bit problematic. There was something deeper here than simple green politics.
What I would call now a deep need to defend country.
A few years later I had learnt enough to understand the meaning behind a story my mother often used to tell us when we were young. She would say that when she was born her grandmother said that she must have been swapped in the hospital because she had a darker complexion, darker hair and eyes than other people in the family. Mum was born in 1934. This story was actually about racism and the fear that a family secret would come out.
The date is
significant. Hitler had recently come to power in Germany, racial segregation
laws were common throughout much of the world, and in Australia, the White
Australia policy was unquestioned, Aboriginal people were not regarded as
citizens in their own land and children were commonly stolen from their mothers
and raised in institutions far from their home country. Many families tried to
resist this pervading racism by hiding any connection to Aboriginal heritage so
the children could pass as white and not be disadvantaged. It was to take some
years for me to verify that this ‘passing over’ had indeed happened in my family
when my grandmother was a small child. It turned out that I am descended from a
young Tasmanian Aboriginal girl who had been captured by settlers during the
early colonial period in northern Tasmania, baptised and integrated into a
colonial household as child labour.
in Australia is often problematic and controversial. In central and northern
Australia there are still many communities where Aboriginal people still have an
unbroken connection to traditional country, speak their ancient languages and
are familiar with a wide variety of cultural traditions. However, this is not
true of the majority of Aboriginal people today. Most are urbanised, living
within the dominant mainstream culture, and have some degree of non-indigenous
background. Connection with ancestral country and local Aboriginal communities
Some, like me, could get away with hiding their Aboriginal identity. Yet what
does that do to one’s soul? To come out and assert Aboriginal identity has
consequences. Aboriginal people are still amongst the most disadvantaged
Australians, and racism, while no longer politically correct, still persists. On
the other hand a heritage and connection to country that can be measured in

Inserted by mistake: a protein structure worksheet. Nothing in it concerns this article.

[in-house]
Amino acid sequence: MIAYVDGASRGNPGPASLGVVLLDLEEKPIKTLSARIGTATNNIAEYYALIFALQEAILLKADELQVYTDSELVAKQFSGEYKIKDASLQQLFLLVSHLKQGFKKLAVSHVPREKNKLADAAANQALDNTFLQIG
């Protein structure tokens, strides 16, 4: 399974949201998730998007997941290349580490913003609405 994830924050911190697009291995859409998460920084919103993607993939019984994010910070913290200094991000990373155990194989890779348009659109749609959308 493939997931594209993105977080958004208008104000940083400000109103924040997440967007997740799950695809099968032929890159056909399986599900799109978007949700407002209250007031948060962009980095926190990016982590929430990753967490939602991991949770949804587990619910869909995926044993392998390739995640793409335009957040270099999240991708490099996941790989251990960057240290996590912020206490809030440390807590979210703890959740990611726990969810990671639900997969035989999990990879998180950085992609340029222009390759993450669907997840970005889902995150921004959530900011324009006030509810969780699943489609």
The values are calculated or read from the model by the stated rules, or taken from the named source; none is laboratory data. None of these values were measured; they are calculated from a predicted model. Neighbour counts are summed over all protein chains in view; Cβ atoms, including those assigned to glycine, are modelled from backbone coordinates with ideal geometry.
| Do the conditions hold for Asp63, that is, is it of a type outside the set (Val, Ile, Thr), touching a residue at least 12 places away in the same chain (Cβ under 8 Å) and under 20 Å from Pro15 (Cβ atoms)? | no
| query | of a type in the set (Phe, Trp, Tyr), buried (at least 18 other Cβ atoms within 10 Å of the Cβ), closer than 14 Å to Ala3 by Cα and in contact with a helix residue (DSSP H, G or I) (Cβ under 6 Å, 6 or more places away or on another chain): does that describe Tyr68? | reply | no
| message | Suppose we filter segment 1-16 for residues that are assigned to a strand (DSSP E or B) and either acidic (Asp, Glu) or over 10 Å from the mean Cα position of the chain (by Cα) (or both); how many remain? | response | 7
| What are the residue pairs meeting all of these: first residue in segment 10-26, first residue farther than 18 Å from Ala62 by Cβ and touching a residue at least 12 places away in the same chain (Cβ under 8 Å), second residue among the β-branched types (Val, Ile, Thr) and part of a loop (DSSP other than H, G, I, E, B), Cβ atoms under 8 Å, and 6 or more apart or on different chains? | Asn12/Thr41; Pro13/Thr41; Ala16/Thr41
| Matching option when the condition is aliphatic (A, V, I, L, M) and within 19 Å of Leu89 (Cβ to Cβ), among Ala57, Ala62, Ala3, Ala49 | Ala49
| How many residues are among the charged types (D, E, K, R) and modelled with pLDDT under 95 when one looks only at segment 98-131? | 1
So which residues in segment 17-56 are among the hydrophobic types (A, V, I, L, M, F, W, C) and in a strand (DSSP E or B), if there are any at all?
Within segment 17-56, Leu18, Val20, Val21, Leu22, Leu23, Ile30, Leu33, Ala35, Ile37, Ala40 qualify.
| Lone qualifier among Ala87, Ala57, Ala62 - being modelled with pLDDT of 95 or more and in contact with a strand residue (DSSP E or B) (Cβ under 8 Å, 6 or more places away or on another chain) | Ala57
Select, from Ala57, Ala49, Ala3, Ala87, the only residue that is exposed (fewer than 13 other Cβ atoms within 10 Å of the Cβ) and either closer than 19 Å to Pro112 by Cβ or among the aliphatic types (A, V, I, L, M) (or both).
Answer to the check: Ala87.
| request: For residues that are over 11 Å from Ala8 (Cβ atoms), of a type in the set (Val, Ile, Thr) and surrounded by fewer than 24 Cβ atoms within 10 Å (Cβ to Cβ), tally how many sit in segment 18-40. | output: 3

terms of tens of thousands of years is a powerful thing that I would never want
to deny but prefer to celebrate as defining and grounding who I am. Despite the
trouble it sometimes causes I want to affirm that ancient connection to country
by openly identifying as Aboriginal.
Coming to terms with my identity, owning who I am and where I come from, has been the motivating force behind the desire to write this book and begin a conversation that may bring healing to a contemporary nation living on ancient land that is sorely in need of a new way of being.
kurina kuwara milaythina
The Place of the Eagle’s Feather
In the summer of 2011–12 I began getting to know the Ben Lomond plateau. By my
fourth trip I was becoming more at ease and at home in the landscape. For this
visit I started by walking up the track from Carr Villa Scout Camp between the
high cliffs. Once up on the plateau at the head of a shallow valley, at a point
where the track crossed a field of boulders, I left the track behind and turned
to the right to cross the head of the valley. Passing through a
broken-boulder-strewn ridge, I entered the upper reaches of the same deep valley
that had blocked my path on a previous visit when I had attempted to cross it
much lower down. It proved far easier to cross at this higher, shallower point.
Before long I was winding my way up onto the long ridge that would lead me to
Coalmine Crag. As I mounted towards the crest of the ridge I disturbed the rest
of a big forester kangaroo who leapt out of his shady spot almost knocking into
me, bounded away a short distance, turned and looked back at me; an exchange of
greetings, and then he was off about his business. I continued on my business